A third set of loudspeakers will have to be delayed at yet a different setting to coincide with the sound emanating from the first two sets of loudspeakers.
In this manner, all sound source material reaches the ears of the listener at the exact same moment in time, regardless of how far back they are seated in the room, thereby maintaining speech intelligibility.
Though a church may have adequate ceiling height, if the room is very deep, it’s still advisable to use multiple loudspeaker placements on delay lines. Even if the chancel mains could be turned up loud enough to be heard at the back of the room, the sense of distance is audible (due to wall and ceiling reflections) and intelligibility is again adversely affected.
How to Minimize Feedback
Despite the general public’s degree of sophistication in regards to quality audio, it’s not commonly understood that microphones need to be out of the live sound field whenever possible to minimize feedback and annoying lingering overtones.
Keep loudspeaker enclosures in front of the mics, not behind them. Almost all pastors wear wireless mics, and many like to move about the room while speaking. A good church sound operator will be able to provide equalization so this may be done.
Keep Monitor Sound Confined to Chancel Riser
Monitor loudspeakers are a wonderful benefit for the performers using them, but they can have a deleterious effect on the sound.
If the monitors are positioned so that the monitor mix bounces off the back of the chancel and reflects back out to the congregation, it’s now combining at a different time interval with the sanctuary main mix, and we have adversely affected the speech intelligibility we had been striving so hard to create out front.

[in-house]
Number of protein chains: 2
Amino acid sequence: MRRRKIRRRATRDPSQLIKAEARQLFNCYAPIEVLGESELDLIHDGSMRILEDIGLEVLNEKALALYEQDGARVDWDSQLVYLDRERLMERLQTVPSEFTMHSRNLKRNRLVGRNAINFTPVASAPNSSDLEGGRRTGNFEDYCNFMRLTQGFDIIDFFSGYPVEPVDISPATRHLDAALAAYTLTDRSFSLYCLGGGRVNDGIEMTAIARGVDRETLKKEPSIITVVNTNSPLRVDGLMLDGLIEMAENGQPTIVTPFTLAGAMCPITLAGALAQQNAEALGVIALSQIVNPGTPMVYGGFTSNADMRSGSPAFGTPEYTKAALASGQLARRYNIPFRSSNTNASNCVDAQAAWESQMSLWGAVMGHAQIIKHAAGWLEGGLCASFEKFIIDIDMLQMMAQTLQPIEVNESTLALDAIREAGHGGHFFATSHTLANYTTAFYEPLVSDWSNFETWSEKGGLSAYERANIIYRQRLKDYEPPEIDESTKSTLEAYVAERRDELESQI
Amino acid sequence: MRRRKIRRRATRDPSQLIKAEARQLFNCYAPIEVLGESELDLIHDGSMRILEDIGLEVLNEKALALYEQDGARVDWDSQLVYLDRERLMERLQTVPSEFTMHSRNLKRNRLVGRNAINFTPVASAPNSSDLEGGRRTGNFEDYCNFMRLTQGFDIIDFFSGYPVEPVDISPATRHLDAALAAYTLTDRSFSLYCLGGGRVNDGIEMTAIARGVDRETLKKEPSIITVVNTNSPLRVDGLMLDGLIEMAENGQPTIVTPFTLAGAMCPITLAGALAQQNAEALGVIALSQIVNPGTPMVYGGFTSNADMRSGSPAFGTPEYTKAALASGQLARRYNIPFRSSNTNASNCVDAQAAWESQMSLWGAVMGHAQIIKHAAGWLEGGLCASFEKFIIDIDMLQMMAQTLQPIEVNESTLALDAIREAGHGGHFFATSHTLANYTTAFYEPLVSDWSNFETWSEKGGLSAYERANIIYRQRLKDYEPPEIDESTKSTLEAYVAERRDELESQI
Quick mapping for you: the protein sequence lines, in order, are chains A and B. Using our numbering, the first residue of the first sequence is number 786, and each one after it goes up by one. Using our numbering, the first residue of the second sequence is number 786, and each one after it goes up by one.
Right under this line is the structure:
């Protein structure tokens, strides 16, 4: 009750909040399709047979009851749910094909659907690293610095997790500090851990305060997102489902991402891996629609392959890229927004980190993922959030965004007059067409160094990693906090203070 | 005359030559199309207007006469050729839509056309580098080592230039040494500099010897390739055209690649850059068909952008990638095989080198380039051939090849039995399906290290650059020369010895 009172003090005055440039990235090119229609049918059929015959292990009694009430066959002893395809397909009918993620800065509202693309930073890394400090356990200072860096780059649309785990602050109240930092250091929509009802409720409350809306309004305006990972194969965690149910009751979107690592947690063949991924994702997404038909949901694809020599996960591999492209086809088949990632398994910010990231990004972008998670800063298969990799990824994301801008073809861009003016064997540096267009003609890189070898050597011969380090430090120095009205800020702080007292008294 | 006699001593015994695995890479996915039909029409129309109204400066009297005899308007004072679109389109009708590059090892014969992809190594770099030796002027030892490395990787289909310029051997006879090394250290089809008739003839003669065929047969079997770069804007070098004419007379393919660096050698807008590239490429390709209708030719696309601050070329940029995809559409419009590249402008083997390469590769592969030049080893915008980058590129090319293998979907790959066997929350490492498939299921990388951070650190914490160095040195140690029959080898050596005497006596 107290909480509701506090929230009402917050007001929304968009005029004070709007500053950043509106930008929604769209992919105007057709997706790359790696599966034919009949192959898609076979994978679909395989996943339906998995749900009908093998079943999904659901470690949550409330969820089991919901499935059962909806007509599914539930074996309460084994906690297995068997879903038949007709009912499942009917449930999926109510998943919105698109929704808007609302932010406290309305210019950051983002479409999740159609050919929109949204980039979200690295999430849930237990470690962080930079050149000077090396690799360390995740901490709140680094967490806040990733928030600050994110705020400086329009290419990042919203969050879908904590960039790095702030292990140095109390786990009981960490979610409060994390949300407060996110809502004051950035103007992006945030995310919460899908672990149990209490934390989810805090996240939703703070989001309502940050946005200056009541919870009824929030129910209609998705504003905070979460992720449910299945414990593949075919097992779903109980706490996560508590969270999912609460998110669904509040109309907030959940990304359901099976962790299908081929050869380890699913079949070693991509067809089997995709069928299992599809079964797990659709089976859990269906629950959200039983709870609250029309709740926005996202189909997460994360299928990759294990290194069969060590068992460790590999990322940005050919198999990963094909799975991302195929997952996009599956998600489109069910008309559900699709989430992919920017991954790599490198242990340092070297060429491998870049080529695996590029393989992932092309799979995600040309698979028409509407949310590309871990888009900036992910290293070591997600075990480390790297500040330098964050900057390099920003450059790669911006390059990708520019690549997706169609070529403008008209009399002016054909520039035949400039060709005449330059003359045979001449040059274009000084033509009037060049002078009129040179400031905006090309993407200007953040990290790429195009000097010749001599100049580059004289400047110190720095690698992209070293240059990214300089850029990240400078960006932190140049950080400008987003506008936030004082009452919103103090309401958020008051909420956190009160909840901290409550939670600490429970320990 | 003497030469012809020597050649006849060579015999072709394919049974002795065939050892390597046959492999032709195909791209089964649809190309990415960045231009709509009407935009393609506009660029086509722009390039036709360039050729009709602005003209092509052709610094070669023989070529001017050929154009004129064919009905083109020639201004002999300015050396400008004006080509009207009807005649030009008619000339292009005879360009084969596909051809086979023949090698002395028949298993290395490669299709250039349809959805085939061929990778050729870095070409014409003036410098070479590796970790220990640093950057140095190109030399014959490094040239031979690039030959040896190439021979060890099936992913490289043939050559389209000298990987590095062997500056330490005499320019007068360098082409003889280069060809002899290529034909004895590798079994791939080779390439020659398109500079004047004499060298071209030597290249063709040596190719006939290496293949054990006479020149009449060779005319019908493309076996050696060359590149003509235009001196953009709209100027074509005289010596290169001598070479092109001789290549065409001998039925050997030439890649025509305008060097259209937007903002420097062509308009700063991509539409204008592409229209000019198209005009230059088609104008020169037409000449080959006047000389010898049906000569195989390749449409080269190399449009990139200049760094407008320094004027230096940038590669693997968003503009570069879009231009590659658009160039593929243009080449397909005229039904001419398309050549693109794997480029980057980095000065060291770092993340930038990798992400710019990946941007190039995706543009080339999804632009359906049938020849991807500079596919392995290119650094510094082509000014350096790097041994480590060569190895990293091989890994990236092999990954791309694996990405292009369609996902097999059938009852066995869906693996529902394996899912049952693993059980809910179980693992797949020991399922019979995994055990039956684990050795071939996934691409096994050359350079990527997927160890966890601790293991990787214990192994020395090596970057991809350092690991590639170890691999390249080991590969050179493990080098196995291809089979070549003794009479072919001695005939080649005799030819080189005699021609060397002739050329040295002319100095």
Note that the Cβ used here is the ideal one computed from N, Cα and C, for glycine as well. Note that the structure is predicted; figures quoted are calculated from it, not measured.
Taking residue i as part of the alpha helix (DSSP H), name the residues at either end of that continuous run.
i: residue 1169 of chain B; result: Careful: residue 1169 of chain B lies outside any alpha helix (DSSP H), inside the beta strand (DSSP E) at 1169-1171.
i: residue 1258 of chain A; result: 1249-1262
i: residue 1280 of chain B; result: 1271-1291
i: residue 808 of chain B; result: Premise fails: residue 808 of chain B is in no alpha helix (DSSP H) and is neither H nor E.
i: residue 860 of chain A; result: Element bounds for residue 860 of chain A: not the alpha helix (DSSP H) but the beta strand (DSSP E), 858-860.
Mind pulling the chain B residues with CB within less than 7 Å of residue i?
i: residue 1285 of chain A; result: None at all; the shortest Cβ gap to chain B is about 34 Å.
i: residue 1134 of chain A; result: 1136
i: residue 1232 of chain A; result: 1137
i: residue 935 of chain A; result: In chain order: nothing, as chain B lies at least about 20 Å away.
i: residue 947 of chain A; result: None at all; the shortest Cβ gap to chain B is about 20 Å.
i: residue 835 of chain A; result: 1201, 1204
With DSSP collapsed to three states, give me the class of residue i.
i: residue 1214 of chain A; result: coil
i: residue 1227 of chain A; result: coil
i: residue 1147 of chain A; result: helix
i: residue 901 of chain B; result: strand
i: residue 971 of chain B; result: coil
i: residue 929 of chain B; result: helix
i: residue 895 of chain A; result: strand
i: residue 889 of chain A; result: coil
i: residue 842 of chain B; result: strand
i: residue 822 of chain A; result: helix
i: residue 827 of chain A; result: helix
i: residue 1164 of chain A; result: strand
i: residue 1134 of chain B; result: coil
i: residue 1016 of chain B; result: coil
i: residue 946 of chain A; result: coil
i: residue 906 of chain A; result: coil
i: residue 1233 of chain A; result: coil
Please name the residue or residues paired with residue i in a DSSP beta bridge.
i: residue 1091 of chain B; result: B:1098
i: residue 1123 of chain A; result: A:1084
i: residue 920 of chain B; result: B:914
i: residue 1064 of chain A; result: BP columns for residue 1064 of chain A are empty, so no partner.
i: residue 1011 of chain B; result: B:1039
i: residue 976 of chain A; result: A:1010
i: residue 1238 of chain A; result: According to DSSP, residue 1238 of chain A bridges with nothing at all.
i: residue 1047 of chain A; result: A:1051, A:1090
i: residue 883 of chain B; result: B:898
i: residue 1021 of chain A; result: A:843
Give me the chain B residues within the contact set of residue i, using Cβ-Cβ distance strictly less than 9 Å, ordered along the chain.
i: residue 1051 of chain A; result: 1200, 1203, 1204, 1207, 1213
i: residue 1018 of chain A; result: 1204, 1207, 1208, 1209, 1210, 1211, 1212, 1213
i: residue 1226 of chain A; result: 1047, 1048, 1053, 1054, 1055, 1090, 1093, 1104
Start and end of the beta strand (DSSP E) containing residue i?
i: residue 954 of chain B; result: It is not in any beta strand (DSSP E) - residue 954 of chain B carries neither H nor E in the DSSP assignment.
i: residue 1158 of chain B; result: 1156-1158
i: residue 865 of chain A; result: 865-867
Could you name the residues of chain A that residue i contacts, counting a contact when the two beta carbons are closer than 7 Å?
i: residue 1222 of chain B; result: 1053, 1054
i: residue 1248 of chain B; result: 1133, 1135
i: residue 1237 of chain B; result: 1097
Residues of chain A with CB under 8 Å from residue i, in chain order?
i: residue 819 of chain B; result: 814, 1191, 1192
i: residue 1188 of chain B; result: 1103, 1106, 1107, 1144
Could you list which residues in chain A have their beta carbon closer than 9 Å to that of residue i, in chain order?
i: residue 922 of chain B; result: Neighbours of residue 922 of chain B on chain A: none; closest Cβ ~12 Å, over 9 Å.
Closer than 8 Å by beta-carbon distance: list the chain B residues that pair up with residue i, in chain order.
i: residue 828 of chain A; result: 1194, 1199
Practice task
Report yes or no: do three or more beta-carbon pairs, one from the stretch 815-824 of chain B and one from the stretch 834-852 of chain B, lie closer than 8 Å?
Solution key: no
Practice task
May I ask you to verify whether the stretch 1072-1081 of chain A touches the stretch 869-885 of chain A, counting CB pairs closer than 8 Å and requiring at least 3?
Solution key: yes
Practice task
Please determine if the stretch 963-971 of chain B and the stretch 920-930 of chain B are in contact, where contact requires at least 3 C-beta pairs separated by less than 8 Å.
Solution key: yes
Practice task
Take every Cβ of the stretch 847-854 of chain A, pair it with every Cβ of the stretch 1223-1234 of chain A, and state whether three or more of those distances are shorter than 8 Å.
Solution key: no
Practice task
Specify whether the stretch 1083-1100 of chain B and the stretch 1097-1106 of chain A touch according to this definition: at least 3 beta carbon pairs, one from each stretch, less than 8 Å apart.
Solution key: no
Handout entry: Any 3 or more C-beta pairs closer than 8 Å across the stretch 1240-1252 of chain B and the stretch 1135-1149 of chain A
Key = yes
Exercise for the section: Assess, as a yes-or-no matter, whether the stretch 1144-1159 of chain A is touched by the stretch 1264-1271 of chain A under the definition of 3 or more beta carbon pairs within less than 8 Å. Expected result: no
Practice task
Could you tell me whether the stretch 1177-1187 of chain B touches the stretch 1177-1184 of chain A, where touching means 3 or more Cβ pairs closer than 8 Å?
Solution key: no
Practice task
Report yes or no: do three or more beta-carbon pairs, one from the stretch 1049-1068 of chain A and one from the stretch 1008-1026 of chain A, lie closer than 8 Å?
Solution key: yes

How Loud Should Monitors Be?
Monitors should be just loud enough to keep the performers comfortable. If the monitors are too loud in relationship to the main loudspeakers, no amount of positioning will help maintain clarity in the general seating area.
Since many praise band players are now middle-aged veterans of once-youthful rock bands, gently remind them that the purpose of the monitor line is to lend support and enunciation so that they may execute the material more perfectly.
If the monitors are intended to provide a studio-perfect mix of all instruments and voices for the listening enjoyment of the players, then the church will need to be blessed with highly experienced and adequately funded audio technicians. Many larger churches in metropolitan areas are able to create this benefit for the praise musicians.
This article was originally posted on April 12, 2011 and republished with permission from ProSoundWeb.